Ask intelligent questions and then listen to the answer. Open your mind, try it, try to understand it. If it doesn’t work, put it away and try something else. BUT ALWAYS TRY SOMETHING NEW.
Your fighting technique won’t improve
if you don’t try anything new.
The Mental Aspects of Fighting Endurance
1. Mental Relaxation
The more panicky you are, the more energy you waste and the more tired you will feel. Fear often casts a big shadows on small worries. I don’t know how to put this eloquently but here goes: LEARN TO RELAX during an ass-beating.
The next time you’re losing a fight, try your best to CHILL. Relax! Block what you can, but relax when you get hit. Breathe, don’t panic. Keep your mind calm and count down the seconds if you need. *Just ____ more seconds and the fight is over.* You can relax, enjoy the fight, and learn something. Or you can panic, get even more tired, and make the beating seem longer than it really is. It’s up to you.
Increasing your mental relaxation
It’s hard to stay mentally relaxed in boxing because of its physical and adrenaline-pumping nature. But nonetheless it’s possible. Mental relaxation has to do with self-respect. You have to know your level and admit it to yourself and to stay within your limits. Push yourself but be reasonable. Don’t get into nasty sparring situations that you clearly can’t handle. Being 100% terrified and worried for your safety is not the way to train. And it’s certainly not the way the pros train!
Being able to relax in stressful environments allows you to make smart decisions and benefit more out of the situation. Slow down and look around so you can absorb everything. If you’re always pushing yourself over the limit, you’ll end up making yourself quit and this attitude will show in everything that you do. You are your own worst enemy. It’s a good lesson you could apply to life, actually.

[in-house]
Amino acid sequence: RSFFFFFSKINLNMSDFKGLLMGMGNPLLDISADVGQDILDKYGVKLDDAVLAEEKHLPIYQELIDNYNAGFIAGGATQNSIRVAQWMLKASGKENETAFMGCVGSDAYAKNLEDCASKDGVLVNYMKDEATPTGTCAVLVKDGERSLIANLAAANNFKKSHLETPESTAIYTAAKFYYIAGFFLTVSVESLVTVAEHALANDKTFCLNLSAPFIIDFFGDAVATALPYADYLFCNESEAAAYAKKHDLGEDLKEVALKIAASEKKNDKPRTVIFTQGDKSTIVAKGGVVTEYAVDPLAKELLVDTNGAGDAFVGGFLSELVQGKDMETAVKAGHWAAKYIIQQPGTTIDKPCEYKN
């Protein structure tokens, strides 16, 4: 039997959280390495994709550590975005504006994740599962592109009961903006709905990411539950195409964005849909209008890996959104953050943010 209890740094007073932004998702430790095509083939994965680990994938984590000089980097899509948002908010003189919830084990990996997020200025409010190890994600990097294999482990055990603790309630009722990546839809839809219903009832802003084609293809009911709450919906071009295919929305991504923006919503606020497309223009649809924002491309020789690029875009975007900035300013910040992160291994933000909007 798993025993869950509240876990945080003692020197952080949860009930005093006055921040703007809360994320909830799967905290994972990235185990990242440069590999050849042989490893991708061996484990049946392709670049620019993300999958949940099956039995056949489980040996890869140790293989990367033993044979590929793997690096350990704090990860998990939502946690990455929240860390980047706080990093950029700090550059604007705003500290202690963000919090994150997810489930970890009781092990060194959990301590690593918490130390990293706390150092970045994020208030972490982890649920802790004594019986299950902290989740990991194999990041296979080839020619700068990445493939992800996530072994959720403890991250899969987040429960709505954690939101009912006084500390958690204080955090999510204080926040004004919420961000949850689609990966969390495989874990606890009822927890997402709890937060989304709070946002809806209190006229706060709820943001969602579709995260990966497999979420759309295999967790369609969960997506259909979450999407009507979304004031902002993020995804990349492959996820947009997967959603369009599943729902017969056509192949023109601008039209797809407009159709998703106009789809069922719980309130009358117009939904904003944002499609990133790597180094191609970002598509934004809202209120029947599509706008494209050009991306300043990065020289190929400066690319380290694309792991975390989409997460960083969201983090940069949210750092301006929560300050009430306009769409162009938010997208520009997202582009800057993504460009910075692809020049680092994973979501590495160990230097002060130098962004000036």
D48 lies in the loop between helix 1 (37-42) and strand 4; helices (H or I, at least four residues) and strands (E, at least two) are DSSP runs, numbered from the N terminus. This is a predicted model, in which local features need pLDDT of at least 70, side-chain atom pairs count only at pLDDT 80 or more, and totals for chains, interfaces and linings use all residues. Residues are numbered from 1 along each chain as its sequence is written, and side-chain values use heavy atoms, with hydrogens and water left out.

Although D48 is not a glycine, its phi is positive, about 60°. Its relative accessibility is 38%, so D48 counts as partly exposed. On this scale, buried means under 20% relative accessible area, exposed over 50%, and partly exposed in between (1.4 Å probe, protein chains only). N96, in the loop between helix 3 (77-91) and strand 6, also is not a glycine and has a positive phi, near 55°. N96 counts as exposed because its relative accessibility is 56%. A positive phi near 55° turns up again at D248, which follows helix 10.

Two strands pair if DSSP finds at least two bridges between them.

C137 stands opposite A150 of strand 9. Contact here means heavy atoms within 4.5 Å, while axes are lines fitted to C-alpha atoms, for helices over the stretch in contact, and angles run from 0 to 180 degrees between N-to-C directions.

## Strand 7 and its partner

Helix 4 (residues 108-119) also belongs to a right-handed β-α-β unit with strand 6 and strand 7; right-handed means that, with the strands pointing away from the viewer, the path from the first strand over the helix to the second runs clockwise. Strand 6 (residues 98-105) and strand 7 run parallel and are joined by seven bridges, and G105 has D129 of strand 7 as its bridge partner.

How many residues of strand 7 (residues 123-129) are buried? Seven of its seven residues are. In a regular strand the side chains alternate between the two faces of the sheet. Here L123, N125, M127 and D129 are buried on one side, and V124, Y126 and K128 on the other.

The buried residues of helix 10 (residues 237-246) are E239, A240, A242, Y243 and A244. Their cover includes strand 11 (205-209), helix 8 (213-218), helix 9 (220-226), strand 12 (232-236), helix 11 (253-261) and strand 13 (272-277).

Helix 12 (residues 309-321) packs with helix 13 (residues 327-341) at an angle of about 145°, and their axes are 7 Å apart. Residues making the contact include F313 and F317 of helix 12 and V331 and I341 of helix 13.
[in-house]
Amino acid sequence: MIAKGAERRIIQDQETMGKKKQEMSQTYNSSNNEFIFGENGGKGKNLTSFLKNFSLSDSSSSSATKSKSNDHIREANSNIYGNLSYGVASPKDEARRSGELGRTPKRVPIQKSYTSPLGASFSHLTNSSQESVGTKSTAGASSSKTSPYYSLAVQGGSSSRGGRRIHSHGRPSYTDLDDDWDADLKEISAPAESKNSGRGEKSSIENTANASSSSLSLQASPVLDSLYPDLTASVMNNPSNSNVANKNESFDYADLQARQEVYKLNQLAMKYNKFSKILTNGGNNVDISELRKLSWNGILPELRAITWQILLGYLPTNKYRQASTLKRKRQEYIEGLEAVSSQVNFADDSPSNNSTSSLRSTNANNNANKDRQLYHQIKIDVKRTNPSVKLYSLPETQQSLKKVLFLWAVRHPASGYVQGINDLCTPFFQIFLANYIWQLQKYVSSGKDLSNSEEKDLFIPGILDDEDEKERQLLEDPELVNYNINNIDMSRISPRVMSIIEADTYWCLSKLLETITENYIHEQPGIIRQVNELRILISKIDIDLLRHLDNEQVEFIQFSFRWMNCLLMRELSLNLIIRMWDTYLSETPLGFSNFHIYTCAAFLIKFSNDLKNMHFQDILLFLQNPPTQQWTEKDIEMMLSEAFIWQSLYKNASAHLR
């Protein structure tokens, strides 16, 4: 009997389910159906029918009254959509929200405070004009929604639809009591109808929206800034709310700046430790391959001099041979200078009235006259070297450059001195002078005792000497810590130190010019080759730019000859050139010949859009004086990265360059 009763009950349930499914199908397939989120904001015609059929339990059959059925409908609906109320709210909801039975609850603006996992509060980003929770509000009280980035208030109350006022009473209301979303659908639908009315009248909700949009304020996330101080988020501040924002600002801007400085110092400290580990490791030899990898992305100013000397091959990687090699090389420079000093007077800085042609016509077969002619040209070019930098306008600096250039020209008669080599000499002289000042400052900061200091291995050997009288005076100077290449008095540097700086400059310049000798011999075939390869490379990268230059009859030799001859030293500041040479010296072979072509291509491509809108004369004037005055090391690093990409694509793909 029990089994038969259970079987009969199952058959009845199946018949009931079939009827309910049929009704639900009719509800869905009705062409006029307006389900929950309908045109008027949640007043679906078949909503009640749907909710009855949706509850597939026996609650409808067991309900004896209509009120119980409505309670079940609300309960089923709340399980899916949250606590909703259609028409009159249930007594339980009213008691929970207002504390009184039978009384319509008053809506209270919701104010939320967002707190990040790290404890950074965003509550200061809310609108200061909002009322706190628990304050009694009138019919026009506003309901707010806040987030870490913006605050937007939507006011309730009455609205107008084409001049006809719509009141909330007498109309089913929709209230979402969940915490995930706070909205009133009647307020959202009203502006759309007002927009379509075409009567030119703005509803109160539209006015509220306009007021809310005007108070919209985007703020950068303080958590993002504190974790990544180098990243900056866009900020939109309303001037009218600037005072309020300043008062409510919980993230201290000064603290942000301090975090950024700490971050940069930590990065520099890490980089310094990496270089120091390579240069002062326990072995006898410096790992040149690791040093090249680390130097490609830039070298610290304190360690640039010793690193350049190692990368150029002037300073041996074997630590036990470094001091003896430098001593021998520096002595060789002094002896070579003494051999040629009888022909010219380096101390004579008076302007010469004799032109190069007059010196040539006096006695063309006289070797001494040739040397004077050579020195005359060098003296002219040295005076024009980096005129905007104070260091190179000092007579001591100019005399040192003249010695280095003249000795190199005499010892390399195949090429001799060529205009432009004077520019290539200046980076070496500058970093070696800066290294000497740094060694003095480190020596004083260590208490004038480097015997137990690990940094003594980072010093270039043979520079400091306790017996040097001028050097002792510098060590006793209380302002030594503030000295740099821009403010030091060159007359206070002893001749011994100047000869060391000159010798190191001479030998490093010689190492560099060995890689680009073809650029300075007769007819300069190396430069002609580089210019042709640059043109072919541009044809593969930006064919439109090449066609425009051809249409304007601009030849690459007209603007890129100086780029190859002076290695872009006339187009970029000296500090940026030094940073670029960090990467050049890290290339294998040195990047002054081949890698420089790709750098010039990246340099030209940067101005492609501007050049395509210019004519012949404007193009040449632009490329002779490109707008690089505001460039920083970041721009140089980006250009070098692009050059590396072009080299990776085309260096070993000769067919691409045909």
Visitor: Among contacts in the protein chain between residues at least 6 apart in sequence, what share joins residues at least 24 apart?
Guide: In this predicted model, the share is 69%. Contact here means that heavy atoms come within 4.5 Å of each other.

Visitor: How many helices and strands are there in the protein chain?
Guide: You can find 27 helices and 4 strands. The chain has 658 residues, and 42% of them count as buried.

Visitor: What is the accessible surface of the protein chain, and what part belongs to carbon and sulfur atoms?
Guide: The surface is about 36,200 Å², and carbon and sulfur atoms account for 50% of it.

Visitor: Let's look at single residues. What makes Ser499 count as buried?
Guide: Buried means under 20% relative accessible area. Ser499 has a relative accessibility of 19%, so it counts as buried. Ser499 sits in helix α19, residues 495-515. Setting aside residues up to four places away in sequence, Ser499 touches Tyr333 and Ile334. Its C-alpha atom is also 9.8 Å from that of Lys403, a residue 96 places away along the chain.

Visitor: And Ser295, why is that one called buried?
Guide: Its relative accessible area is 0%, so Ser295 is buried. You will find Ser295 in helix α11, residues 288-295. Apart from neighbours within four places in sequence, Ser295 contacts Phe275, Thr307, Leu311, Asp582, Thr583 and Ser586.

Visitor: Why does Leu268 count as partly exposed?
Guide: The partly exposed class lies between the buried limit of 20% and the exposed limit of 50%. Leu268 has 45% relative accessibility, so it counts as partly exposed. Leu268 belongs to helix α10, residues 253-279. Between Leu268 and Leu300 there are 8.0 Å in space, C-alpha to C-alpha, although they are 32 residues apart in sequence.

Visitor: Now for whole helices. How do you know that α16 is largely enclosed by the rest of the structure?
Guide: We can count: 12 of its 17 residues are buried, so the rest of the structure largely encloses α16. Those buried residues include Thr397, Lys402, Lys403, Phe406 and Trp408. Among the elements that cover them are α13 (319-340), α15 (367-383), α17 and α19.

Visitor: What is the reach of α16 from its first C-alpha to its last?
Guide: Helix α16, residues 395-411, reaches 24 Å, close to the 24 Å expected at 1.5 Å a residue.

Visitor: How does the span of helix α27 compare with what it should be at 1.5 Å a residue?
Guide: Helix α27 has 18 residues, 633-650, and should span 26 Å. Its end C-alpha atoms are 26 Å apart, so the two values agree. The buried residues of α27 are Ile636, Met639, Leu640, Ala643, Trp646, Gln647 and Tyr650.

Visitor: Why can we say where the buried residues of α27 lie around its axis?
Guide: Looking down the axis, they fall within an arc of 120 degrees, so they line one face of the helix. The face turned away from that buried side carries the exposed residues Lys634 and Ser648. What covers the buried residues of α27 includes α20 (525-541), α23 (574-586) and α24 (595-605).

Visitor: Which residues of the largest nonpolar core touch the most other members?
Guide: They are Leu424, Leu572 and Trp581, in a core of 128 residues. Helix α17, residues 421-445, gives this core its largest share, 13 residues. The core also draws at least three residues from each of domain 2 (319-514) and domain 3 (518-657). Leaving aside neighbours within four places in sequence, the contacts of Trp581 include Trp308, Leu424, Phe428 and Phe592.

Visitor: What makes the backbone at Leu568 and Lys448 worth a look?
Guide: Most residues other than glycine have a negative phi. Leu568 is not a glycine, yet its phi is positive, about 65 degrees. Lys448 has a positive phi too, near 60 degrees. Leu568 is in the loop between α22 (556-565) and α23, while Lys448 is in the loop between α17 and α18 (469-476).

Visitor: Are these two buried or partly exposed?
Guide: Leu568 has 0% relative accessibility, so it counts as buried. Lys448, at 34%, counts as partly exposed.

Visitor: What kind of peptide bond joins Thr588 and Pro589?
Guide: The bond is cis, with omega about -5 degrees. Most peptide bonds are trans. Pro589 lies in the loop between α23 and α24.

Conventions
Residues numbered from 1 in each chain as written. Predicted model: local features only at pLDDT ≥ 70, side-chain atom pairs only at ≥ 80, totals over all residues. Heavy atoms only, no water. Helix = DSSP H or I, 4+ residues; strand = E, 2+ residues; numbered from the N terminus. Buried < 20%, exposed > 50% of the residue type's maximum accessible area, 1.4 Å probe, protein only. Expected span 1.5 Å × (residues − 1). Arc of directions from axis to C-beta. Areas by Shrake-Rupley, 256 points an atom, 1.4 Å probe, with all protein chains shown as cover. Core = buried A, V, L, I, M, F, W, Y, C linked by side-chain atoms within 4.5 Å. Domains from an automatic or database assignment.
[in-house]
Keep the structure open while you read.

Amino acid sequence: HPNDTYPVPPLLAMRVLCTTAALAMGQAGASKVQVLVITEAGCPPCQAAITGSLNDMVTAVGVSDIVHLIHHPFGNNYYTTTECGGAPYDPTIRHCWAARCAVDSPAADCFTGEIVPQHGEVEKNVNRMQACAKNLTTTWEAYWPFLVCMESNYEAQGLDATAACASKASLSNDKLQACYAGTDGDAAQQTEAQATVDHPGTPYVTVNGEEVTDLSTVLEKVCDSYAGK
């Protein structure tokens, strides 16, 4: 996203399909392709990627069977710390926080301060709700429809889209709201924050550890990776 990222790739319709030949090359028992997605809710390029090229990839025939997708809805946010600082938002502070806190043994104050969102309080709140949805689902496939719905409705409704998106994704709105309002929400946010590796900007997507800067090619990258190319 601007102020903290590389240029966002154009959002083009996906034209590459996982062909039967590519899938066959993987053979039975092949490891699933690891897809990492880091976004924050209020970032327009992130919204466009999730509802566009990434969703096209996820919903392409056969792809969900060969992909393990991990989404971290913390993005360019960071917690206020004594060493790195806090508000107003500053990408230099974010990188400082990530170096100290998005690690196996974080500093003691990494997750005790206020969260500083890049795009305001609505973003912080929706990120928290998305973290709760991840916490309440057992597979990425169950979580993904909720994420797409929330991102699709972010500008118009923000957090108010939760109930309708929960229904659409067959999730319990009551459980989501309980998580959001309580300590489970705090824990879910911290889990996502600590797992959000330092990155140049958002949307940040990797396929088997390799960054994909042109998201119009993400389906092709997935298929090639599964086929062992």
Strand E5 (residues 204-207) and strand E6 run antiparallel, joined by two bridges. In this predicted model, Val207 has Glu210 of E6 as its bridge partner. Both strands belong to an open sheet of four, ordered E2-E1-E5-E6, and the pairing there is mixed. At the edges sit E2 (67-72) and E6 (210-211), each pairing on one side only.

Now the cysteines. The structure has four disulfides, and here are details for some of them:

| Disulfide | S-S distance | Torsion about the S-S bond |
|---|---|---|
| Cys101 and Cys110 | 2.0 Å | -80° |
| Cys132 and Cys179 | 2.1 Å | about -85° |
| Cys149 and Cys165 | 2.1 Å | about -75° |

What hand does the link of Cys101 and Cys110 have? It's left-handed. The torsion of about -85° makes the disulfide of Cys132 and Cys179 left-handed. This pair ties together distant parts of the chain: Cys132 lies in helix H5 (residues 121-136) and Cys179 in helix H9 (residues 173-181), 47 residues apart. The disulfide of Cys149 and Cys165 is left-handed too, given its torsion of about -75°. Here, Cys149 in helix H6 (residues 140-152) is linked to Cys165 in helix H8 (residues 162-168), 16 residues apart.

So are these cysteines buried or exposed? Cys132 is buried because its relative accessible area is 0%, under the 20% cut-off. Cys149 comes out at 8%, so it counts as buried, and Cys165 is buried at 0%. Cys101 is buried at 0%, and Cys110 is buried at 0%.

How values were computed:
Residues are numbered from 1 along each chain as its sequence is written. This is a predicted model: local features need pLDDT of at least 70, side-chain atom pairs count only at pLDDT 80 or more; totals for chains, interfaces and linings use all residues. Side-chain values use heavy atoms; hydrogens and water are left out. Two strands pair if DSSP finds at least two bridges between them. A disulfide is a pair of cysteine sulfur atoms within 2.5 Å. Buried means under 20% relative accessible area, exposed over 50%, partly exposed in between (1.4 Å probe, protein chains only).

Putting things in perspective will relax the mind. Let your expectations inspire you but then accept yourself. You’re here to learn and be the best you can. Learn to accept that you are always a work in progress! Nobody is perfect!
Try to enjoy the fight,
because anything becomes tiring if you don’t enjoy it.
At some point, getting tired has to do with the way you think. And a lot of fighters get tired so easily because they have the wrong approach to fighting.
They’re always thinking,
“If I run out of energy, I’m dead.”
When a better alternative would be to think,
“These are the things I want to do with the energy I have.”
Instead of being energy conscious and always telling yourself that you only have a limited amount of energy, try focusing on being more effective with that energy. It’s not a bad idea to throw less punches and jump around less but you should look beyond that.
- How can I do the most damage to my opponent?
- How can I make my punches more effective?
- What’s the easiest way to avoid my opponent’s punches?
- What are some things I could do more to win this fight?
You should be trying to do MORE, while using less energy. Again, the goal is to do more with less, and not less with less. Using your energy effectively will PREVENT you from getting tired. Because every punch will do more damage. Every movement you make will be more effective. The fight WILL BE EASIER. The energy you use will drain your opponent’s energy even faster.
But if all you can think about is saving your energy and trying not to get tired, that’s exactly what’s going to happen. You’ll feel like your opponent keeps draining your energy and there’s nothing you can do to stop it. A good defense can slow down the energy loss but you’ll still get tired because of your attitude.
Aim for fight endurance, not for energy conservation.
Still getting tired?